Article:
Manny Pacquiao Is Walking the Path That Floyd Mayweather Made

Hentley SmallCorrespondent IMay 5, 2011

LAS VEGAS, NV - MAY 04:  Boxer Manny Pacquiao appears during the final news conference for his bout against Shane Mosley at the MGM Grand Hotel/Casino May 4, 2011 in Las Vegas, Nevada. Pacquiao will defend his WBO welterweight title against Mosley on May 7, 2011 in Las Vegas.  (Photo by Ethan Miller/Getty Images)
Ethan Miller/Getty Images

This weekend, pound-for-pound boxing king Manny Pacquiao takes on Shane Mosley in a matchup nobody wanted to see.

But that doesn’t mean the people won’t pay to see it. Because the 32-year-old Filipino sensation has a large following built over the last four-and-a-half years since the last battle in his trilogy with Erik Morales.

When talking about his escalation in the sweet science, “following” is the key word. As in, following the lead of Floyd Mayweather Jr.

I am a fan of Pacquiao and his all-action, all-the-time style. He is ferocious, tenacious and a vicious puncher. He is what the game needs.

On the other hand, I am also a fan of Mayweather despite his overly defensive style. He is calculating, evasive and often monotonous.

As a boxing enthusiast, I can appreciate both avenues to success. The undefeated “Money” Mayweather has made us marvel in his wizardry even if we acknowledge it is not always the most exciting display. However, the name of the game is to hit and not be hit—and nobody does it better.

Pacquiao has forged a following by pummeling enough pugilists that the public had to take notice and admire. With a “Pac Man” contest, you expect blood and a beatdown. He is the best at that.

But let’s take a look at the career arc of Pacquiao since late 2006. He has many notable fights and fighters on this portion of his resume, including Miguel Cotto, Joshua Clottey and Antonio Margarito. Great fighters, and Pac Man beat them all. The only real contest was against Cotto, but he was eventually beaten into submission.

He also has popular icons Oscar De La Hoya and Ricky Hatton on his ledger. But they were far from their best days when facing Pacquiao.

Against De La Hoya, Pacquiao pounded him into retirement over eight rounds in a match that got everyone’s attention. With De La Hoya’s global popularity and the world watching, this became Pacquiao's moment to grab the ball and run. He did just that.

Pac Man’s very next fight was against the once-beaten star from England, Ricky Hatton. What happened next was one of the great knockouts in boxing history, as Pacquiao shot his power left hand into Hatton’s chin, dimming his lights immediately in the second round. That highlight was played over and over. Hatton also hasn’t fought since then.

Two tremendous victories that put him on the map beyond boxing, but both have a distinct similarity: Mayweather beat them first. Not as convincingly, but that was never Money’s style.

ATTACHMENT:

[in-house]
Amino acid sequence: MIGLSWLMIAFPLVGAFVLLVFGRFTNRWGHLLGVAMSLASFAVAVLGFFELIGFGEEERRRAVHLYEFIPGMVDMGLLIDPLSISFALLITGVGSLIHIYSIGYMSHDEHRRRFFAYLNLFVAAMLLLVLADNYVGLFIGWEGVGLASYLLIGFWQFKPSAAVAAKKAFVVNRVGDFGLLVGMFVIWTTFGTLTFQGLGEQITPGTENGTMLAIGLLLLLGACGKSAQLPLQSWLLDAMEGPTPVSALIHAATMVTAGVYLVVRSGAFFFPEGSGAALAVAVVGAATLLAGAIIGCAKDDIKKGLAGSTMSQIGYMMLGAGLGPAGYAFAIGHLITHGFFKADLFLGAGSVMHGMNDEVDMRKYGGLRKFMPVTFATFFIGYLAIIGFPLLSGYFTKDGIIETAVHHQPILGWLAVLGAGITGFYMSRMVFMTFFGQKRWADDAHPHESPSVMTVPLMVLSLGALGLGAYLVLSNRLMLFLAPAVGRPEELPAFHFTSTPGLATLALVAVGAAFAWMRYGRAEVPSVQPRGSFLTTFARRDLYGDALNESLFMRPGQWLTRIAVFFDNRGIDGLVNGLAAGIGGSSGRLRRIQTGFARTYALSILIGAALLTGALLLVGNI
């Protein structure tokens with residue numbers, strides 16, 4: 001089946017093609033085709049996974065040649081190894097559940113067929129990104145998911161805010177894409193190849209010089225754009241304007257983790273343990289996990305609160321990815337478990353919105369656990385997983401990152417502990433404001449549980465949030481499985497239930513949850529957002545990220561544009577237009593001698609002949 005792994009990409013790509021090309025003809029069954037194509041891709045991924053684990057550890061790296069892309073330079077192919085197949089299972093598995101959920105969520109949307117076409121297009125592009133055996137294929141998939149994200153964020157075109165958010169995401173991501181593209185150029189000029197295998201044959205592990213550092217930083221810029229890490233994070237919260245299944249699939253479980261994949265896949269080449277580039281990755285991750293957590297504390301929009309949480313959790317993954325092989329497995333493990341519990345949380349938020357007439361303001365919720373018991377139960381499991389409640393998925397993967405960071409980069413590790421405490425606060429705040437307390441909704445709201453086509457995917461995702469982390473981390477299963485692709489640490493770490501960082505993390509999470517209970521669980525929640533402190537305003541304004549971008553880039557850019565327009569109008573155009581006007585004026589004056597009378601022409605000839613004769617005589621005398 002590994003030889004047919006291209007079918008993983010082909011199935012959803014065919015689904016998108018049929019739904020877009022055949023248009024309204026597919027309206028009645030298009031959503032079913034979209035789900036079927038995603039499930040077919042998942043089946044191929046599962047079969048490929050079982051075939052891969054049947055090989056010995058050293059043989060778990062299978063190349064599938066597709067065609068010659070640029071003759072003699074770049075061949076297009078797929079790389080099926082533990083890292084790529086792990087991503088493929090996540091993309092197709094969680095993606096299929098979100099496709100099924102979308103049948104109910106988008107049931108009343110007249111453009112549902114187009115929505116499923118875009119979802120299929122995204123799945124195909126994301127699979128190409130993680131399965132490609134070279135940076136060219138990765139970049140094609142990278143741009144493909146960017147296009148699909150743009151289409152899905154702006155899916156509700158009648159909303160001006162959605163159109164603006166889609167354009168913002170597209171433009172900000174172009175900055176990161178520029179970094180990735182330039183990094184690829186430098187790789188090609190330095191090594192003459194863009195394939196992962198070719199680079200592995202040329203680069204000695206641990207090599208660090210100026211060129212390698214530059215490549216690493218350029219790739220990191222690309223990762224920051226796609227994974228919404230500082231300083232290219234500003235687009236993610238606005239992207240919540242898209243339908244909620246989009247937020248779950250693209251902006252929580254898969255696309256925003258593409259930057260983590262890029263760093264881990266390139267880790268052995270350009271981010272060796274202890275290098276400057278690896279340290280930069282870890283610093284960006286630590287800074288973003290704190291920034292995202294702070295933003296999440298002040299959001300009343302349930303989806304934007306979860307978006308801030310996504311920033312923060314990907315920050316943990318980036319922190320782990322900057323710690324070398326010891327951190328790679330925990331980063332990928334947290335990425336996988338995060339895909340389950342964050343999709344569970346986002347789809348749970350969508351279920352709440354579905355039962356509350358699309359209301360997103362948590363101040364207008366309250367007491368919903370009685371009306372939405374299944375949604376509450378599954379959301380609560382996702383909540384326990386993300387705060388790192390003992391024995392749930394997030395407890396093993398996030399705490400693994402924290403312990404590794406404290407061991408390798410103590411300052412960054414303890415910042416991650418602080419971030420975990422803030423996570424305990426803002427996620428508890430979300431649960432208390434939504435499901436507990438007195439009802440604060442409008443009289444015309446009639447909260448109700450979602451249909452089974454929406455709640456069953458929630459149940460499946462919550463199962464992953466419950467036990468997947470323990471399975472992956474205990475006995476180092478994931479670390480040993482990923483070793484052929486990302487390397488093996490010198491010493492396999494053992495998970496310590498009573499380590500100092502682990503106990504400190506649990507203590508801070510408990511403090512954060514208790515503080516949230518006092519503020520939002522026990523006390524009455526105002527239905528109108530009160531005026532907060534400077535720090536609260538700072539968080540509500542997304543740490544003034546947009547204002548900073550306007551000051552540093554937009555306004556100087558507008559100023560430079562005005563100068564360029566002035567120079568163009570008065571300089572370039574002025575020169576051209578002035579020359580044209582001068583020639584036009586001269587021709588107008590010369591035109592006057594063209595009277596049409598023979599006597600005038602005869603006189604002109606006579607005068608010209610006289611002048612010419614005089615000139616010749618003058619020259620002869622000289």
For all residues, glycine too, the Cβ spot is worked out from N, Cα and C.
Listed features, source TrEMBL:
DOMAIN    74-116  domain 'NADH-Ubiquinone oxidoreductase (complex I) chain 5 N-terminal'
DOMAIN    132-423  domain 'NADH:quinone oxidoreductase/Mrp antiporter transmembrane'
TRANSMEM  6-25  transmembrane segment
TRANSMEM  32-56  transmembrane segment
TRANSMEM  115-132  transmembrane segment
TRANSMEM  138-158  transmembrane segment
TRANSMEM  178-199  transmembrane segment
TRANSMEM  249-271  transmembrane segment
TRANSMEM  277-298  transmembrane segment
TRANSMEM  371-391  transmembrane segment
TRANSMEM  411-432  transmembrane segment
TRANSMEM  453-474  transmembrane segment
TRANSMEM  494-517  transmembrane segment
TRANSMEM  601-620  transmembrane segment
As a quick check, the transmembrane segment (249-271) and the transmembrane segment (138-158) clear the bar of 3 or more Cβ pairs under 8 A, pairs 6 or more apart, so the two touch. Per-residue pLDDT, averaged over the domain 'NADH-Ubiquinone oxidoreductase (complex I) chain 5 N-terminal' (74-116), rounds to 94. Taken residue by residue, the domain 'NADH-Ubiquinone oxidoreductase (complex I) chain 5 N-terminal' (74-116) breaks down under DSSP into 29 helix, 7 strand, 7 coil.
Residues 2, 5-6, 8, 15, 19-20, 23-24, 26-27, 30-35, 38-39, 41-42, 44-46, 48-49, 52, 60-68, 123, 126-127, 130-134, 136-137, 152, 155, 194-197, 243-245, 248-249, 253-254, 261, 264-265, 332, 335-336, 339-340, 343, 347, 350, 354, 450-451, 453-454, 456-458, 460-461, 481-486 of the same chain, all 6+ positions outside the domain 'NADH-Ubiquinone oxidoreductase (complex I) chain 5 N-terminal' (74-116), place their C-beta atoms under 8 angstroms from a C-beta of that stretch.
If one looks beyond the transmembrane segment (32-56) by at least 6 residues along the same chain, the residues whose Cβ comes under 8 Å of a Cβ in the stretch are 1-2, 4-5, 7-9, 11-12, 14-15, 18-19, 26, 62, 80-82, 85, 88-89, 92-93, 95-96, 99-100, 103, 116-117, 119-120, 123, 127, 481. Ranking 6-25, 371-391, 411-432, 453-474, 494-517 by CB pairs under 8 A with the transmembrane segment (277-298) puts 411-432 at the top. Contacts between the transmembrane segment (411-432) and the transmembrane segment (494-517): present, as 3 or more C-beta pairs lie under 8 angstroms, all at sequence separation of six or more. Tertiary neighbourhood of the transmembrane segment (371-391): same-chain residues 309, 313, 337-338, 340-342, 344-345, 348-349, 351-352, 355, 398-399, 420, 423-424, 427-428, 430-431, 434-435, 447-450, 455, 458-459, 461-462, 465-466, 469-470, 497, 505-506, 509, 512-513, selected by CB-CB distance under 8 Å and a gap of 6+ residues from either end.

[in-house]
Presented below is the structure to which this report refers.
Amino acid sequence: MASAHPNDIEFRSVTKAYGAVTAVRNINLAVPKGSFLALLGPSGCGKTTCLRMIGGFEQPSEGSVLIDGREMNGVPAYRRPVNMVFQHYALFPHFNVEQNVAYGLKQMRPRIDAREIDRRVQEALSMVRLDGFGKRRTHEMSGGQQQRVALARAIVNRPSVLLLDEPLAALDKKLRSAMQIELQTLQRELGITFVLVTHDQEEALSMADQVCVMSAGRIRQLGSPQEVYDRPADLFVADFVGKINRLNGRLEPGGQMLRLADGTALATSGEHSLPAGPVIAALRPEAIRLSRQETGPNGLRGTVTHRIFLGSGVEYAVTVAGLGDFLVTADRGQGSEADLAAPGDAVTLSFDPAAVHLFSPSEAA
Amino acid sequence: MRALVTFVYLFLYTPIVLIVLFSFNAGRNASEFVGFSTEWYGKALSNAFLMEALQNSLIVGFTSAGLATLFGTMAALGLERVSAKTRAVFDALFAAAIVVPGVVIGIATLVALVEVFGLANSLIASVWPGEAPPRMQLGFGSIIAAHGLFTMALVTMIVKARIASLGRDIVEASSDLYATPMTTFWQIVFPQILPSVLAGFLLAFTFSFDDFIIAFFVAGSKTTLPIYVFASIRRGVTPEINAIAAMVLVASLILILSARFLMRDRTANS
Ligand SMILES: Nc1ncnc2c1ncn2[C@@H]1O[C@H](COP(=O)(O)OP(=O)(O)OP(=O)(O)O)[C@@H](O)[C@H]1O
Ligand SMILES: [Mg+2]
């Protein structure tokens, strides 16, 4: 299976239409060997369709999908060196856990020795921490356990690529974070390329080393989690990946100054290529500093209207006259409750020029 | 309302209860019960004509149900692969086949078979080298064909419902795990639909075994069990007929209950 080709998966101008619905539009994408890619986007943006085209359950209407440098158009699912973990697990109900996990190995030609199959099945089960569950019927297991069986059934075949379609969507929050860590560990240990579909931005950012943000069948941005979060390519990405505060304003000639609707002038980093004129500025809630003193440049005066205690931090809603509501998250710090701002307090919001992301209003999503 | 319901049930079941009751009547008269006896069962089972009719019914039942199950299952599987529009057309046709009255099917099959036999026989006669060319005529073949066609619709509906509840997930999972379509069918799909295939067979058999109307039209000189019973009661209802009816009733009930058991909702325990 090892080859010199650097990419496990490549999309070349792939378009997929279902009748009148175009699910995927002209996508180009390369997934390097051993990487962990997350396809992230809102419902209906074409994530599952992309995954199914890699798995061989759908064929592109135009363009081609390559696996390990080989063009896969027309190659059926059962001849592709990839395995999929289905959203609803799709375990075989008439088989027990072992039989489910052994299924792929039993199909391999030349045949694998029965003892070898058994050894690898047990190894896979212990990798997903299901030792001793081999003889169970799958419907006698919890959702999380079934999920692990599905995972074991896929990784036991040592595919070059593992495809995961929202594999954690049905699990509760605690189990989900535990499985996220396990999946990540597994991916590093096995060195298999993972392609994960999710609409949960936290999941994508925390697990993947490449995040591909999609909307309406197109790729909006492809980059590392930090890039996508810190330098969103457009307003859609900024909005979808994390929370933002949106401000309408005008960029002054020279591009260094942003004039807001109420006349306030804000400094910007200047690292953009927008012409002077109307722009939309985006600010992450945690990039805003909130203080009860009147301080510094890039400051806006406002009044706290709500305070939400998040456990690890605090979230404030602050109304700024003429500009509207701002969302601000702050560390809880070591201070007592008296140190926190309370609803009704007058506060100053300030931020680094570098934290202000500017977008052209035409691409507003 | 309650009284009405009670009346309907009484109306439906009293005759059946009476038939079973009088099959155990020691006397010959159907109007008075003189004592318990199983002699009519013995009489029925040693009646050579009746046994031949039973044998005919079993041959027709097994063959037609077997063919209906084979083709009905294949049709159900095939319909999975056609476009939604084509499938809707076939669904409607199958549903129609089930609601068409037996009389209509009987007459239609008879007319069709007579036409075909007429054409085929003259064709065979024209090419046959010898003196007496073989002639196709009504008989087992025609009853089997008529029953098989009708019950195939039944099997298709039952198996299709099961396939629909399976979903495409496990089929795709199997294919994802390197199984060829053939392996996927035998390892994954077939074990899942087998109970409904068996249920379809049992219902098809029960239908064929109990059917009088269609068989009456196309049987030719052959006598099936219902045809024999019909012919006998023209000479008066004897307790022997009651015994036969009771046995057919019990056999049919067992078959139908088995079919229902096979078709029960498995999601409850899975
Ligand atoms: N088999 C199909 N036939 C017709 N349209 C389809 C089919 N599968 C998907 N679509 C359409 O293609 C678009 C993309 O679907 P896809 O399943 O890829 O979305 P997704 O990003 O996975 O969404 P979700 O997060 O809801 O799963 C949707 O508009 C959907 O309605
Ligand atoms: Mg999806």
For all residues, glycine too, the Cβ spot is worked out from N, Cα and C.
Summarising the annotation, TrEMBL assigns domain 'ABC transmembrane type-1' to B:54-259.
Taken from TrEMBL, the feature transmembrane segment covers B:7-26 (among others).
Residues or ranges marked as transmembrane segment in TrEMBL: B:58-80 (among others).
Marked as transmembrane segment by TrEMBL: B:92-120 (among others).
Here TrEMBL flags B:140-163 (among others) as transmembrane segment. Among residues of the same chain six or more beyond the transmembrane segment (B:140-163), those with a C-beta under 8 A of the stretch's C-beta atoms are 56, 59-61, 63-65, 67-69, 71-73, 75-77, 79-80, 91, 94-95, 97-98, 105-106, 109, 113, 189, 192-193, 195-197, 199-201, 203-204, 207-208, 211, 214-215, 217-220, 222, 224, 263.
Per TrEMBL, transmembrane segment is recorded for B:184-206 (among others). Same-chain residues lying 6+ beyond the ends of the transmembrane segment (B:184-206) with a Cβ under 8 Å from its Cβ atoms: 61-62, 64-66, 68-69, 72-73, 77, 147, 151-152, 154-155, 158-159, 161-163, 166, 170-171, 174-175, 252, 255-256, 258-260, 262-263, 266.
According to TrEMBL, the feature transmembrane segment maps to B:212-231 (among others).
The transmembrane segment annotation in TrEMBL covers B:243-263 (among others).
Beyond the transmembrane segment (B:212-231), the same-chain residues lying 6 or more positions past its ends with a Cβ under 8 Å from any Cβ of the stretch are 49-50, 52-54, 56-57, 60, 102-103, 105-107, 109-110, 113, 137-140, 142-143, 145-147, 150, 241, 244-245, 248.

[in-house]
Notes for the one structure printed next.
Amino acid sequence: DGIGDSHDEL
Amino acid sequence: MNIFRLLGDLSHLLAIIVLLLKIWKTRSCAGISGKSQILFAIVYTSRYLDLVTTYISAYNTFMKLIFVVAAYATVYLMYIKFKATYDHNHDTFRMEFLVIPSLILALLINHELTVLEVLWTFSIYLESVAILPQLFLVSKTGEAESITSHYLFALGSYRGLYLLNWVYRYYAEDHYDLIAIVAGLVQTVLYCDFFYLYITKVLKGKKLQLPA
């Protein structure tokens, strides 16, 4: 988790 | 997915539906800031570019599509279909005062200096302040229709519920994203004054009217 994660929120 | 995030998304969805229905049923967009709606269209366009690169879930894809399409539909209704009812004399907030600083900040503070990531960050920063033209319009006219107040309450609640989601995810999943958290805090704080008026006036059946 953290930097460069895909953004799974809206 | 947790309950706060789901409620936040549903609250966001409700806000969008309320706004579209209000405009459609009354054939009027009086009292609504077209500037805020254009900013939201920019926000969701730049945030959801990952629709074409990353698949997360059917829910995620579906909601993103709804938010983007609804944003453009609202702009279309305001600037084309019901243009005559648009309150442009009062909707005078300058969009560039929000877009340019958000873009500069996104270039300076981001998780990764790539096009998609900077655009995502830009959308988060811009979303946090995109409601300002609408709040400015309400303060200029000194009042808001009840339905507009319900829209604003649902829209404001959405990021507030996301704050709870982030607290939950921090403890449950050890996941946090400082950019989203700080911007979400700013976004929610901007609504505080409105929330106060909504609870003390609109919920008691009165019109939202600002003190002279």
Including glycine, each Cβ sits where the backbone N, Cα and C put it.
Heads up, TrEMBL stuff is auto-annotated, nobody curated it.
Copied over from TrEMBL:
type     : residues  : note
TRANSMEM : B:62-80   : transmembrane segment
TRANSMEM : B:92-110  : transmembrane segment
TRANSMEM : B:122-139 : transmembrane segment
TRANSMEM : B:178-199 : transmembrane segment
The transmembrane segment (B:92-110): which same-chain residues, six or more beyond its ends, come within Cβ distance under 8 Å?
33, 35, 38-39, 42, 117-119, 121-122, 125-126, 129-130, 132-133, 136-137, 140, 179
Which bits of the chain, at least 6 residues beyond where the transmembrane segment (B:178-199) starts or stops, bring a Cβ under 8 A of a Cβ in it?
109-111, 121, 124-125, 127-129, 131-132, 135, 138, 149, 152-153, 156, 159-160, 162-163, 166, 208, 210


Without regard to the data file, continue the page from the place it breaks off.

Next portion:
This is not to say that Pacquiao is riding on Mayweather’s coattails because that is certainly not the case. But while we give Pacquiao continuous praise, we should do the same for Mayweather. It is not like his career is filled with a bunch of has-beens and never-will-bes.

Mayweather has also taken on quality contenders in a variety of weight classes: Jose Luis Castillo twice in his prime, DeMarcus Corley, Zab Judah. In 2001, he dominated Diego Corrales in a fight even his father thought he would lose. So he is definitely not afraid of challenges.

In September 2009, Mayweather took on Juan Manual Marquez, who moved up in weight, and dominated him. Yes, the weight gain definitely affected Marquez, but let’s also acknowledge the ability it takes to frustrate a pound-for-pound staple. But instead of praise for the skill, he was criticized for taking on a smaller guy. That was a case of Mayweather following Pacquiao’s lead and doing significantly better.

Pacquiao fought Marquez twice, in which they basically went even-up. The first fight in May 2004 was a draw despite Marquez being downed three times in the opening round. In the second fight, in March 2008, Pac Man was given a narrow split decision though many who witnessed it thought he lost. Either way, Marquez proved to be his equal, and that may be the reason Pacquiao is a bit hesitant to make a third fight.

Obviously, when two guys are in, and around, the same weight classes for years, they will have common opponents. This leads me to two things. First is the fight with Mosley.

Why is Pacquiao taking on this 39-year-old? Because Mosley is one of the best of this time. He is still a quality opponent and, maybe most importantly, still a name that resonates.

A year ago, Mayweather conquered Mosley, who was coming off a very impressive destruction of Margarito. But after the Mayweather loss, “Sugar” Shane went on to a draw with Sergio Mora last September. While Mora is a decent fighter, the fact Mosley couldn’t beat him shows he has slipped some. For Pacquiao, the risk doesn’t match the size of the name.

Second is a fight between the two best fighters we have in this generation. The reasons for this not happening yet are plenty, and both sides are to blame. Mayweather probably takes on more of that blame, as he continues to battle legal issues and continues with this semi-retirement business.

Ultimately, whether Pacquiao is following Mayweather’s lead or not, the only thing left to decide the best of this generation is to fight. No talk, no legal drama, no politics. Just fight.